Self-portrait with Flaw

Once upon a time, but not so long ago, a writer concluded an exhibition
review with a somewhat sad reflection. The exhibition had been based upon
E.A.Poe's essay, 'The Philosophy of Furniture' and showed an environment
that gently critiqued the sheer endless cycle of production and waste of
objects, so typical of capitalist society. Is it not indeed true, he asked
himself, that the things in the world have already distanced themselves
from us, but that we have yet to realise it? Because we stare ourselves
blind at the processes we started ourselves, and have lost sight of the
true nature of things?

Thinking of James Beckett, these questions came to my mind.
At the Open Studios of De Rijksakademie in 2001, he showed an intriguing
work. In his darkened studio it seemed as if
objects had taken control. A weird animism seemed to drive them forward, as
if human intervention had become obsolete. A light bulb went off and on; a
pile of books was grouped out of reach on a high shelf; empty perfume
bottles lay strewn across the floor. A sink noisily fell down, as if propelled by
itself, only to return to its normal position later. With intervals, blasts
of funny noises were coming from a mass of speakers, huddled together in
the air.

This strange work impressed me. I experienced the world of an artist who
gives free play to the musings of his mind. There was no escaping this. It
made me think of the painter Philip Guston who, in a similar way, with his
paintings populated by strange living creatures, put a spell on the viewer.
- Work that stands so close to an artist that you cannot escape
experiencing it as a self-portrait.

It doesn't happen so often that an artist accomplishes a work which tells
so much of himself, yet at the same time retains his secret. In this sense
I would like to look at Beckett's 'Museum of Noise', for which he won the
Prix De Rome for Art and Public Space. This work combines a collection of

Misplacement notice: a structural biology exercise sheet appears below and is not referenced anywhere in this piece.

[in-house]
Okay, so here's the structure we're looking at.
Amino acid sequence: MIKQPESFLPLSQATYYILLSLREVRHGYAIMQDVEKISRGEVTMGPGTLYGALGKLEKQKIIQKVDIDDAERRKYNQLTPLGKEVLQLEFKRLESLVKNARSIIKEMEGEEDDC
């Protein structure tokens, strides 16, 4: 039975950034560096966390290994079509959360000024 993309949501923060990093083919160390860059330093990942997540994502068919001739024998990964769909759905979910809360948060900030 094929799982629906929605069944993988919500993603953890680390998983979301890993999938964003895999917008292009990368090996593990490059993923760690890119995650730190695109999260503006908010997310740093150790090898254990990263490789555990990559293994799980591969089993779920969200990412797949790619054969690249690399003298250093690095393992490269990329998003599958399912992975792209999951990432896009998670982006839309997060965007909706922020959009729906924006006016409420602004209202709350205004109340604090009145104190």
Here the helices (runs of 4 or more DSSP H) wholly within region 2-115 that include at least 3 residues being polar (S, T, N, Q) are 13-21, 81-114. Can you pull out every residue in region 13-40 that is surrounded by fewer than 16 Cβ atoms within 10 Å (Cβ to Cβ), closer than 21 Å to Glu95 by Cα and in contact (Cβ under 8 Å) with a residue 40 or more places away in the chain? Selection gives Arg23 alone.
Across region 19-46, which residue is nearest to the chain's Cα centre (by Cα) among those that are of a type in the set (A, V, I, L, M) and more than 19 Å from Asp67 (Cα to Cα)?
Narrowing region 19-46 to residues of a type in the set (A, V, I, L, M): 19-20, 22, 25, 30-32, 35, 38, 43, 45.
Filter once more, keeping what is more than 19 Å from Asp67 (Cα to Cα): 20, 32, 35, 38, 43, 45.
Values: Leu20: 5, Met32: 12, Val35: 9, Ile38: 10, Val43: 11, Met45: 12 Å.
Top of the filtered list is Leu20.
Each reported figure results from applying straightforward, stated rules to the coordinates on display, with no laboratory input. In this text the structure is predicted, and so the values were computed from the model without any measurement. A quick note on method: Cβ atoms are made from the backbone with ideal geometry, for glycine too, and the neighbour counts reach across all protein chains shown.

city sounds with a databank on the history of city sounds, and an
'urban-noise-theme-park' the size of a living room (this was how it was
exhibited the first time). The work gives access to a range of experiences,
as the visitors may trigger the exponents which produce sound;
for example: burnt out tube-lights rendering sound waves - also when they're
used up, tube-lights continue to emit electric impulses, read, continue to
have a life of their own. The result in the work of Beckett is the
extraction of elementary patterns of sounds with an often poignant rhythm
and crisp musicality.

'Museum of Noise' comes from the artist's experiences in the cities he has
lived in and visited. Sounds emitted by mechanical and electronic, or
otherwise propelled devices in the city, appeal to him. Beckett engages
with the lives of these devices, in the same way that artists like Duchamp
and Picabia in the beginning of the last century were interested in
technical inventions and incorporated these in their work (think of
Duchamp's 'Large Glass': a symbolic machine wasting sexual energy). Beckett
makes art in which objects seem to plot against us. With a cheerfullness
that sometimes can feel a bit sinister, he reminds us that we ourselves
have put these objects in the world. Pay attention, is what he's saying, of
what they tell you about your life!

Mark Kremer